MOVIE REVIEW: Pokémon: I Choose You

It’s been a while (shock horror). Lets do a brief catch up. Hey, hello, hi. How are you? Good? That’s good. Oh, you got a new dog? That’s fantastic! Not dog? Fish? That’s still cool I guess. The last month or so has been pretty hectic and unfortunately has ended up in me losing my PC and thus any ability to play games or continue my LiS review series for the moment. It’s okay, I’m gonna fix it. In the mean time I’ve been reaching into the depths of my brain for what I can post about that fits within gaming until this travesty is rectified. So, without further ado…

The 20th Anniversary Pokémon movie. I was “lucky” enough to endure this movie twice; once at a press screening and once in the cinema. Now, I’d like to stick to my usual format with the least amount of spoilers as possible (not that Pokémon can really be spoiled). Everything I say I’ll try to keep within the limitations of the trailer… I do like a good writing challenge.

Title: Pokémon: I Choose You
Genre: Children’s Anime Adventure
Release Date: July 15th 2017 (Japan)/November 5th 2017 (WW)
Produced By: OLM

Pokémon: I Choose You is a retelling of the beginning of Ash Ketchum’s journey through the Kanto region and Indigo League. It is the first in the Sun and Moon series of movies. The film focuses on Ash’s role as receiver of the “Rainbow Wing” being known as the “Rainbow Hero”. The main legendary Pokémon featured in the movie are the legendary bird Ho-Oh and mythical Pokémon Marshadow; Entei, Suicune and Raikou also make very brief appearances.

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Source: landmarkcinemas.com

Revisiting the wonderful world of Pokémon…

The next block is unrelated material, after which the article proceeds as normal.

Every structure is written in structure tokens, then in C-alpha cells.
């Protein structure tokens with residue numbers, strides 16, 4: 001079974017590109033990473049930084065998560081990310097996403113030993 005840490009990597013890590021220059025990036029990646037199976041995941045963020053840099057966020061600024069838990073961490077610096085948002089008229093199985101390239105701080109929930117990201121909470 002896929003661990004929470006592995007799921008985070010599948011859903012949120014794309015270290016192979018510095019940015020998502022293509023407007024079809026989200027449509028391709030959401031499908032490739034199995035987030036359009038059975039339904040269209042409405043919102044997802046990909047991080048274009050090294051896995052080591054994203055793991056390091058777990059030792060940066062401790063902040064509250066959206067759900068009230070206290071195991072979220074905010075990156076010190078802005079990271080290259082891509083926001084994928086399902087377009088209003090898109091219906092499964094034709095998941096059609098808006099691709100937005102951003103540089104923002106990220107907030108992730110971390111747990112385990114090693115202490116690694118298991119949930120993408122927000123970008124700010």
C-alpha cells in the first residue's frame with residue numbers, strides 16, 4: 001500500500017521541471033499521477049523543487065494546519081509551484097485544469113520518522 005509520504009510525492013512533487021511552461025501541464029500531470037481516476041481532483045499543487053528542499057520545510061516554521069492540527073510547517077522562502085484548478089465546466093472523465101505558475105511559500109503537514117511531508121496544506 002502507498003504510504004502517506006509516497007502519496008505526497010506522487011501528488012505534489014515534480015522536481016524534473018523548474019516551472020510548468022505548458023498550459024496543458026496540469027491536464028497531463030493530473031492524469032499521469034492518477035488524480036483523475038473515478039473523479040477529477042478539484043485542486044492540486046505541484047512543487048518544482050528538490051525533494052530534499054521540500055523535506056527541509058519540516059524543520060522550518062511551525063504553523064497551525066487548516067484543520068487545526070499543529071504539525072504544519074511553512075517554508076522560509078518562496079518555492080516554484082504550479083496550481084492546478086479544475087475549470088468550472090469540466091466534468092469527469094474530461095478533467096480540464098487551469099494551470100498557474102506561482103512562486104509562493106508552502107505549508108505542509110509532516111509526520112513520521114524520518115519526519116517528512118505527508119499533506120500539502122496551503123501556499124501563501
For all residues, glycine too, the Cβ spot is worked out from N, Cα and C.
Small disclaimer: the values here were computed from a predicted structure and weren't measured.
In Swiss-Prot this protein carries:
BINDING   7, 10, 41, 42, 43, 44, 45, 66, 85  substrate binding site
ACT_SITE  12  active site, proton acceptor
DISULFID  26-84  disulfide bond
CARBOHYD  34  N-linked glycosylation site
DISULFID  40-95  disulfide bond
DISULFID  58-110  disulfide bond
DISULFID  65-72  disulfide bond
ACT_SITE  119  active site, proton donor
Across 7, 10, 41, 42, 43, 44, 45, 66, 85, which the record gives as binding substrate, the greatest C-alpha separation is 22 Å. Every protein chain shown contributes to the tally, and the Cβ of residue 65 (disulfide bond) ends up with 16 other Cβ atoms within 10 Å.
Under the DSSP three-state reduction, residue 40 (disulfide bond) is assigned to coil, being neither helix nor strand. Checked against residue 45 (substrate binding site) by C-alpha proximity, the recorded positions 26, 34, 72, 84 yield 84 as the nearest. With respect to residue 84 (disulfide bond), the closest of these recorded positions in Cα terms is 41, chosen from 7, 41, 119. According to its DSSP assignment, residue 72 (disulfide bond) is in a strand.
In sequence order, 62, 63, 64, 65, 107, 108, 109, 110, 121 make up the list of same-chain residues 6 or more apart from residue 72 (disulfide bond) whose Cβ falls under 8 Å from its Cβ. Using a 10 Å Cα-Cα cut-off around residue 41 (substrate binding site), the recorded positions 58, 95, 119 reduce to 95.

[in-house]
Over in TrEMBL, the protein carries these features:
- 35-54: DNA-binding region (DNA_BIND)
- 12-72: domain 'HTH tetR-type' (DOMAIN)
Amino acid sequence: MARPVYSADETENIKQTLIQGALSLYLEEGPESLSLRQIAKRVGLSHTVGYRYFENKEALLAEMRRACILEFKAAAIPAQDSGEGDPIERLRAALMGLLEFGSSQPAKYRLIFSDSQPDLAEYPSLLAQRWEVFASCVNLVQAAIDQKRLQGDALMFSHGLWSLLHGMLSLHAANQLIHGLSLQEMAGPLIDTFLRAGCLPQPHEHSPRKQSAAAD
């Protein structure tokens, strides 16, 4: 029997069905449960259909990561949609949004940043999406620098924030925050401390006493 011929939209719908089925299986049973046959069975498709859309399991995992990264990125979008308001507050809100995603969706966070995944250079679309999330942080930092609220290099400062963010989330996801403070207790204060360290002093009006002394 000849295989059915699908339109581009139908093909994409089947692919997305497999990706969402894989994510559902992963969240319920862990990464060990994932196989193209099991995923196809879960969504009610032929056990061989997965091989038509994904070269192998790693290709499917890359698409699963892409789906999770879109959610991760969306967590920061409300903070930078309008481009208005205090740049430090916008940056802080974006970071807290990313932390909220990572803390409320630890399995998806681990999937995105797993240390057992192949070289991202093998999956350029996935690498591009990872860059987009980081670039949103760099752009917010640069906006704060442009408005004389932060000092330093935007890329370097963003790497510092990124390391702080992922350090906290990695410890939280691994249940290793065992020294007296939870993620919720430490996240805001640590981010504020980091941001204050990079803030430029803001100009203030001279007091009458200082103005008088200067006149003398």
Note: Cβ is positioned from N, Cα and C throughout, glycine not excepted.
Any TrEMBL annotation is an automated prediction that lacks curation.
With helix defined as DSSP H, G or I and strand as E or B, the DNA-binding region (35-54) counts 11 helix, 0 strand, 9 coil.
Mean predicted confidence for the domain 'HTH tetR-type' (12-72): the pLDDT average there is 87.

As a long-term fan of the anime, dating back to the original series, I am extremely glad that the animators chose to go with a similar animation style to “XYZ” series than to the new “Alola” style. It makes every Pokémon battle feel epic and intense whether you’re an adult or a child. Each move that gets used from a Thunderbolt to a Throat Chop looks smooth and actually powerful. The backdrop of every scene is stunning and although it isn’t the Kanto I necessarily remember from my childhood, the nostalgia train definitely hits within that first panning shot of Pallet Town.

The trailer revealed that in this version of Ash’s journey Misty and Brock either don’t exist or stay as the leaders of their respective gyms (the latter seems more likely but you never know). Posing questions of: if this is a different Ash, where does this lie in the anime’s canon? Is any of this canon after all? Etc. Etc. Boring multiverse stuff that we’ve heard a million times. Instead we are introduced to Sorrel and Verity and instead of Gary Oak as the rival we have Cross. I take no issue with Ash’s new companions. His new rival, however, is atrocious and I have this opinion solely on his design. His hair has to be a ridiculously designed pun on both his name and his attitude and, upon the second viewing, his “edgelord”/”I am clearly a bad person” appearance was something I couldn’t ignore.